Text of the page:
U.S. based discount airline Southwest Airlines declared an ‘operational emergency’ on Friday, due an unusually high number of grounded aircraft across its operational fleet with no one common theme evident regarding the numerous aircraft maintenance needs that have now prompted this crisis. The one apparent theme would appear to labor union related, but read on.

As a basis of the declaration, the airline demanded that that all mechanics show up for assigned work or risk termination, according to published reports from Business Network CNBC and the Chicago Business Journal.

In a released statement the airline indicated:

To take care of our customers, we are requiring all hands on deck to address maintenance items so that we may promptly return aircraft to service. At the same time, our operational planners have been working in the background to minimize the impacts to our customers.

Reports indicate that upwards of 100 scheduled flights had to be cancelled on Friday, with more than 1000 delayed, the most of any single carrier that day that was not weather related.  Southwest’s operational fleet consists of upwards of 750 Boeing 737 aircraft. Reports indicate that on Saturday, 39 flights were cancelled. The airline’s usual plan calls for anticipating upwards of 20 aircraft removed from service for unexpected maintenance issues on any given day.

The airline has been in on and off labor union contract talks with its mechanics for upwards of seven years.

In a directive to mechanics, the airline indicated that workers “alleging illness” are required to provide a physician’s note upon return to work . Some workers will be required to work overtime and those refusing could face firing.

Members of the Aircraft Mechanics Fraternal Association which represents upwards of 2700 of Southwest’s mechanics posted a statement on the labor union’s web site that accused the airline of creating the current emergency. In the letter, the union’s National Director noted that this emergency declaration came nearly 10 days after U.S. broadcast network’s CBS News reported the FAA’s confirmation of the degrading safety culture of the airline, the level of coercion to further degrade safety while operating with the lowest ratio of technicians-to-aircraft of any major U.S. carrier. According to the union: “The CBS report exposed a problem so severe that two United States Senators have called for a congressional investigation.Further cited was the following:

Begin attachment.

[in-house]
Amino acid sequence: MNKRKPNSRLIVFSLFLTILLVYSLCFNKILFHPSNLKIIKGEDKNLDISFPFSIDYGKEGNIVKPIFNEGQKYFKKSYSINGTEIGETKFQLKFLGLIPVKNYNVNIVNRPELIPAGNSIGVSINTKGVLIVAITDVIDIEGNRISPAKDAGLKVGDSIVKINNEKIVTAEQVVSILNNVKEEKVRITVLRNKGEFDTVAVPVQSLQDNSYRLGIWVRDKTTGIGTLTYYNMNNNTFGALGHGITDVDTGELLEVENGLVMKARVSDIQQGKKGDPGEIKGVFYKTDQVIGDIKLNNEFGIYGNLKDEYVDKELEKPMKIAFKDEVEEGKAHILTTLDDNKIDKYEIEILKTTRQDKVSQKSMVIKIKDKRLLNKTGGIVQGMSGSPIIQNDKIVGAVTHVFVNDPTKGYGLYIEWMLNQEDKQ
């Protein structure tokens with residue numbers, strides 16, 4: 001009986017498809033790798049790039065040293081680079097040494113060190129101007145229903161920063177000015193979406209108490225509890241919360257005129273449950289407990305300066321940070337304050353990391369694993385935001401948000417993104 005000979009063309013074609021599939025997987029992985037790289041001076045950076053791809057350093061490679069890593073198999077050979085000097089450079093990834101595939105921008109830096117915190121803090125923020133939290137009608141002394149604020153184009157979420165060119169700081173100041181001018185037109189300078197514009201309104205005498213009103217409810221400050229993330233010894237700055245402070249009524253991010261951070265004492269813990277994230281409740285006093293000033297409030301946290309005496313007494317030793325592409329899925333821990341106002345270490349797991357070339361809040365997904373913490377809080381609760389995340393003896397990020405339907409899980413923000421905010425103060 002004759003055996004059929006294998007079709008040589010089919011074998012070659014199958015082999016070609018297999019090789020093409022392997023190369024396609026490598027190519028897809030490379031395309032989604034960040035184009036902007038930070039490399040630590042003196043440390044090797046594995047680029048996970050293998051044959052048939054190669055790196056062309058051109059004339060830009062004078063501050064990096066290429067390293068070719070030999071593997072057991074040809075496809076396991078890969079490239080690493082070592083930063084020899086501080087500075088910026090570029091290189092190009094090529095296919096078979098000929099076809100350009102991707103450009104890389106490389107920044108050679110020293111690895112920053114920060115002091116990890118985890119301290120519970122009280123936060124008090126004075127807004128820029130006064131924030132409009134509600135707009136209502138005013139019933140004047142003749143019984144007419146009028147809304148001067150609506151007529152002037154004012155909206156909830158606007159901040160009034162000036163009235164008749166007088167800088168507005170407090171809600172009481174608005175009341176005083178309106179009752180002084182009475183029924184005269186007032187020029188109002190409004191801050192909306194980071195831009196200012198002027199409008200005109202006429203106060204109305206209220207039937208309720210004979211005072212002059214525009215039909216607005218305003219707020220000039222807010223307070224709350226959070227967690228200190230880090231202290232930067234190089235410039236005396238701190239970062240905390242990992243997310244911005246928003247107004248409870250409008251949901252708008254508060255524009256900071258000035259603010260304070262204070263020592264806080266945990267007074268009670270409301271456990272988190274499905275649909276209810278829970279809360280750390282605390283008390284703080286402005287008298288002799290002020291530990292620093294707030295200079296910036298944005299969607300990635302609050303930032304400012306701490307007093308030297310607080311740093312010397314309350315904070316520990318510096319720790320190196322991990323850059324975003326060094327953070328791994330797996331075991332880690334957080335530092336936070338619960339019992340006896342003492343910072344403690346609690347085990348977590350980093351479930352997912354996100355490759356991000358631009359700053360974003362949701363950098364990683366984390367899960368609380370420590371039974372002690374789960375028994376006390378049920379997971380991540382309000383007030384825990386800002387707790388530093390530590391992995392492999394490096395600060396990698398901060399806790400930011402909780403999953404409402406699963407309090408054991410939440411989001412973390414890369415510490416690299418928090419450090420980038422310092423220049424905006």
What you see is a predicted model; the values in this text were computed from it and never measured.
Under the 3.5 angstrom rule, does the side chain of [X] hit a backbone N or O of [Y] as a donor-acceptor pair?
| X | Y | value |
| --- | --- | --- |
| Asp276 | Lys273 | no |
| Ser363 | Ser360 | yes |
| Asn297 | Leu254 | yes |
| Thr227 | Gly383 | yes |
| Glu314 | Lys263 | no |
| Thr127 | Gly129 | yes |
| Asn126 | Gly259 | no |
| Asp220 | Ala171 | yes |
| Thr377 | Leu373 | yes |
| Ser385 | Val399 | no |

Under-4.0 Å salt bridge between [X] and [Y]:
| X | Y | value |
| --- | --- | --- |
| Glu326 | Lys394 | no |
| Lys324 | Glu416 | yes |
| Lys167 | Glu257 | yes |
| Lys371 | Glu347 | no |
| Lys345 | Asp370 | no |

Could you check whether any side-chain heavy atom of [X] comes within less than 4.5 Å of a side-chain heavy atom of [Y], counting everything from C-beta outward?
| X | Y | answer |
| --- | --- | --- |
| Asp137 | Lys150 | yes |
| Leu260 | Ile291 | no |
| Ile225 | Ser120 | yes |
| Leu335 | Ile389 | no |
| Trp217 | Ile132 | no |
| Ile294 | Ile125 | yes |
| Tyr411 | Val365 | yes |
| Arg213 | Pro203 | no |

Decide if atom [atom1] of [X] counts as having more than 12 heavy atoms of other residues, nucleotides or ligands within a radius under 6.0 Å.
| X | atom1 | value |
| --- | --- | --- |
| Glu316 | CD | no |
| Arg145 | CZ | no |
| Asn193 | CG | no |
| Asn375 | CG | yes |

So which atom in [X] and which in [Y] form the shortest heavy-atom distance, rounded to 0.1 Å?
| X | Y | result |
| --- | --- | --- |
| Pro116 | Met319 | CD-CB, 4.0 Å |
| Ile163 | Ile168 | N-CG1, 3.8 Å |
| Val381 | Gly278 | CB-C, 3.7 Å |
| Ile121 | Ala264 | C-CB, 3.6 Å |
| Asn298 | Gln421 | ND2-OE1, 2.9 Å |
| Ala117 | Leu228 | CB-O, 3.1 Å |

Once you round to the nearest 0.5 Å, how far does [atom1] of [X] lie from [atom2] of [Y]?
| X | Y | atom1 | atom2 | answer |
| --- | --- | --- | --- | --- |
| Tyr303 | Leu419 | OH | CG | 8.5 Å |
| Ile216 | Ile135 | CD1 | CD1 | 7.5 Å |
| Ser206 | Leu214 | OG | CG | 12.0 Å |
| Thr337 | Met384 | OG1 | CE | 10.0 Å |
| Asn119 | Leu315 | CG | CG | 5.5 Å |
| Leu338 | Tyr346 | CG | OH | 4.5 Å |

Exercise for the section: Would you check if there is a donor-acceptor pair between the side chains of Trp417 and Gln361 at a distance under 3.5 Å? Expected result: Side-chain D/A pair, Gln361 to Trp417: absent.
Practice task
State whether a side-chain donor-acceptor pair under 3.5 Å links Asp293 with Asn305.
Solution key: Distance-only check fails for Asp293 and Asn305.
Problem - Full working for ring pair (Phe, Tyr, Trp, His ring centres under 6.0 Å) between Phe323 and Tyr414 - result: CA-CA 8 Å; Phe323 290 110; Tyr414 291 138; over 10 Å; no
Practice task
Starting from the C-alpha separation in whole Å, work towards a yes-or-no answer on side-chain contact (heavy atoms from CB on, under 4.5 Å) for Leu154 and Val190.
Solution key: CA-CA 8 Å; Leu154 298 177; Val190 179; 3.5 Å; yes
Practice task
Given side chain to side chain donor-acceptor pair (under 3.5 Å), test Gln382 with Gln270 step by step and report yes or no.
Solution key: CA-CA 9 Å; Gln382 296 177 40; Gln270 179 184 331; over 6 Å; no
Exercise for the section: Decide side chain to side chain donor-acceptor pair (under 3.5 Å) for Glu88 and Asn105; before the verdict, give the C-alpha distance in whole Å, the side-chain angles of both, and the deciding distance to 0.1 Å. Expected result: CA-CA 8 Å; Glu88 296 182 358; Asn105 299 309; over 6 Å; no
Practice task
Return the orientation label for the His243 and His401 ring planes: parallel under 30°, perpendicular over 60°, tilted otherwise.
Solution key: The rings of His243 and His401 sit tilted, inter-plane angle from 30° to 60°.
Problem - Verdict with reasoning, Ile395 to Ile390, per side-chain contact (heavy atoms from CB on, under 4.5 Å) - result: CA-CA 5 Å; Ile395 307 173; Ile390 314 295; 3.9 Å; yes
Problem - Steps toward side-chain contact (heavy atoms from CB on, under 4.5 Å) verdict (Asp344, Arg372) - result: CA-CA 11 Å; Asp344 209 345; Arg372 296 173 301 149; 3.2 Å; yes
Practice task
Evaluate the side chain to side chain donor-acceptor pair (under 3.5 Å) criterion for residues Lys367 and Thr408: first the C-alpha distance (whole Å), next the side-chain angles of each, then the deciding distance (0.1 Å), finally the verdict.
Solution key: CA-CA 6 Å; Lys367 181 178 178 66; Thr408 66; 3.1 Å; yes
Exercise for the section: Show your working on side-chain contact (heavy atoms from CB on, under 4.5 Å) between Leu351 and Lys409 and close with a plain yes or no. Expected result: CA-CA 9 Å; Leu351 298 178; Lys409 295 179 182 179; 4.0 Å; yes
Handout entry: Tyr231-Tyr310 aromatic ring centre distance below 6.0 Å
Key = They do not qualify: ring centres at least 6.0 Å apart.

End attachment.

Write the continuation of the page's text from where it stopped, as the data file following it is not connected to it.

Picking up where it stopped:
On December 6, 2017, Vice President of Maintenance Operations Landon Nitschke characterized the state of Southwest’s safety culture by confessing:  “sometimes we hide our compliance issues under the Warrior Spirit.”  Nitschke vowed at that time:  “So big effort this year.  We definitely need to repair some things with the FAA not only as a Company, but, I think, as people … so again, compliance, compliance, compliance is going to be our theme song for 2018.

The union’s National Director called on mechanics to not initiate a job action at this time but also not be baited into acts of defiance that would be characterized as insubordination. He urged members to get broken aircraft back into service in an airworthy condition but to resist any coercion to perform service not in accordance with federal law.

 

A Common Theme for Southwest